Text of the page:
After Canadian government issued a deportation order to a Nigerian family of five, a pregnant mother of three, Rasheedat Bakare reportedly collapsed and landed in hospital.
Rasheedat, her husband, Afeez Bakare and their two children, Faaiq and Faaiqah were said to have fled Nigeria in 2017 to seek refugee status in Canada on the ground that they didn’t want their daughter to be circumcised.
Since they settled in Canada, Rasheedat and Afeez had a girl named Farhana in 2018.
Farhana is recognized as a Canadian citizen and the family is reportedly expecting another baby girl.
But on Thursday, November 28, 2019, Canadian government denied the family refugee status and told to leave the country by 3 p.m. on Friday, November 29, 2019.
On getting the deportation order, Rasheedat, who is said to be five months pregnant reportedly collapsed and was quickly rushed to a hospital.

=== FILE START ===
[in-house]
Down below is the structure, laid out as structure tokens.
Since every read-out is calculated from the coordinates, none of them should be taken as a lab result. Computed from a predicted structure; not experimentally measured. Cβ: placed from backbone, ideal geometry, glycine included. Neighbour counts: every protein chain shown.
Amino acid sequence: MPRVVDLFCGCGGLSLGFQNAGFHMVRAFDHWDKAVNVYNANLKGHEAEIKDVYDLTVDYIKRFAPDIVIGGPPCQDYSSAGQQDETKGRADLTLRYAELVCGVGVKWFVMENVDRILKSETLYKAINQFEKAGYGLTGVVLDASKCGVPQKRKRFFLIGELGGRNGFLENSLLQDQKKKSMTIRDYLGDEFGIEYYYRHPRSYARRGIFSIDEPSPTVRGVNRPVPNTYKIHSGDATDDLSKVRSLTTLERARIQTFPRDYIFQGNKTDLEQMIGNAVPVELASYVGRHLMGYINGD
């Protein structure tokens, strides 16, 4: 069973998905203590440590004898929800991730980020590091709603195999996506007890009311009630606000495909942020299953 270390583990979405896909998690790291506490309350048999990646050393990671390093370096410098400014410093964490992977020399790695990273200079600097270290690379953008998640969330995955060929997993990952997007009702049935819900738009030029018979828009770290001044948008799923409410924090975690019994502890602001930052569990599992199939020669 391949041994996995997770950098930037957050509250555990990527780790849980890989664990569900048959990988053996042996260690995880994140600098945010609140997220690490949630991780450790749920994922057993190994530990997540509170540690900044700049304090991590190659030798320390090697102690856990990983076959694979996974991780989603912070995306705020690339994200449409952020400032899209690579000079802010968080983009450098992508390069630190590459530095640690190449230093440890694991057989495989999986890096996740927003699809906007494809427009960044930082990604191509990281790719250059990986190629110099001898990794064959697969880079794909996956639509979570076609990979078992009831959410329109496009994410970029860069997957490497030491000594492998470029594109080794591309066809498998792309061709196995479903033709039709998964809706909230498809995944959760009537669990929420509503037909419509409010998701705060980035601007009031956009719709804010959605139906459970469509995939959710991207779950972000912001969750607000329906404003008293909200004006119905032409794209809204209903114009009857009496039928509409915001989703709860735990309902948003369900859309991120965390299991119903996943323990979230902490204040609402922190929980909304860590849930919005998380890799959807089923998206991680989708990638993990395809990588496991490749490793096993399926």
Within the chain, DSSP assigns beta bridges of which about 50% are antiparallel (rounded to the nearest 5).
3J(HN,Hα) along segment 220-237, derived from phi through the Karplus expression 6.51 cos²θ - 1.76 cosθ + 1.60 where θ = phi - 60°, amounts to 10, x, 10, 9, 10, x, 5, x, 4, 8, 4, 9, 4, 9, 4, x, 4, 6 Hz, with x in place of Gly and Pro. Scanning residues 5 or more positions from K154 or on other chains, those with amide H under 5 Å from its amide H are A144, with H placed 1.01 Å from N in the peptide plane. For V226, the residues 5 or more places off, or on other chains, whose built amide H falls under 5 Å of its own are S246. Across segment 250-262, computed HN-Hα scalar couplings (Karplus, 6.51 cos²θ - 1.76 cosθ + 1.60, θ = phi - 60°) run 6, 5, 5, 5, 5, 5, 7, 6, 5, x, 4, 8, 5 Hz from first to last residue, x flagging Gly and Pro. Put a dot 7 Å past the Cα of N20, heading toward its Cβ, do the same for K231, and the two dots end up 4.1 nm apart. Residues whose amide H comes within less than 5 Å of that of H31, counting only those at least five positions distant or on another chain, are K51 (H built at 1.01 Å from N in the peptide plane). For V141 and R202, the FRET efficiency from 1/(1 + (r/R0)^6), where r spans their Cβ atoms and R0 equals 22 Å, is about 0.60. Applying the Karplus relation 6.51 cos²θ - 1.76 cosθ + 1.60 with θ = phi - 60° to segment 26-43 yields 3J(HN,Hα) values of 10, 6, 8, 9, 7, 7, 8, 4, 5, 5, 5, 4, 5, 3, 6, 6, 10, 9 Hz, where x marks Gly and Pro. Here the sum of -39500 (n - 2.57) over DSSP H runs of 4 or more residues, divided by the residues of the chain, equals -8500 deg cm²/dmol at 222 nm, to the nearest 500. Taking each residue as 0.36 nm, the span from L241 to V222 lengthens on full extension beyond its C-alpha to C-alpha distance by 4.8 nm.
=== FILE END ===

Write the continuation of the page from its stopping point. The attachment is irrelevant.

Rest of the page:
When she regained her consciousness, she said, “My children’s life, my husband’s life is at risk. We ran away because they wanted to circumcise my baby girl — the one I brought from Africa. When I got to Canada, I had another baby girl. Currently, I’m pregnant with another baby girl. Now [I’ll have] three baby girls — [and all of their lives are] going to be at risk.”
Reacting to the deportation order, Afeez said, “I don’t want my life and my family to be in danger. My wife is in a state where she is restless, she cannot do anything.”
However, Bakare family’s case caught the attention of African Community Organization of Windsor (ACOW), who staged a protest on Friday outside the office of Windsor West NDP MP Brian Masse.
While addressing the protesters, Masse described the treatment of Bakare’s family by Canadian government as ‘heavy-handed’.
He said, it was logistically difficult for the family to comply with the deportation order in the first place, simply because of how little time was given.
Masse also pointed out that Farhana, who is a Canadian citizen further complicates the family’s matters.
“[There are] very significant issues related to health, personal safety and just the capability financially of being able to [leave the country], he said.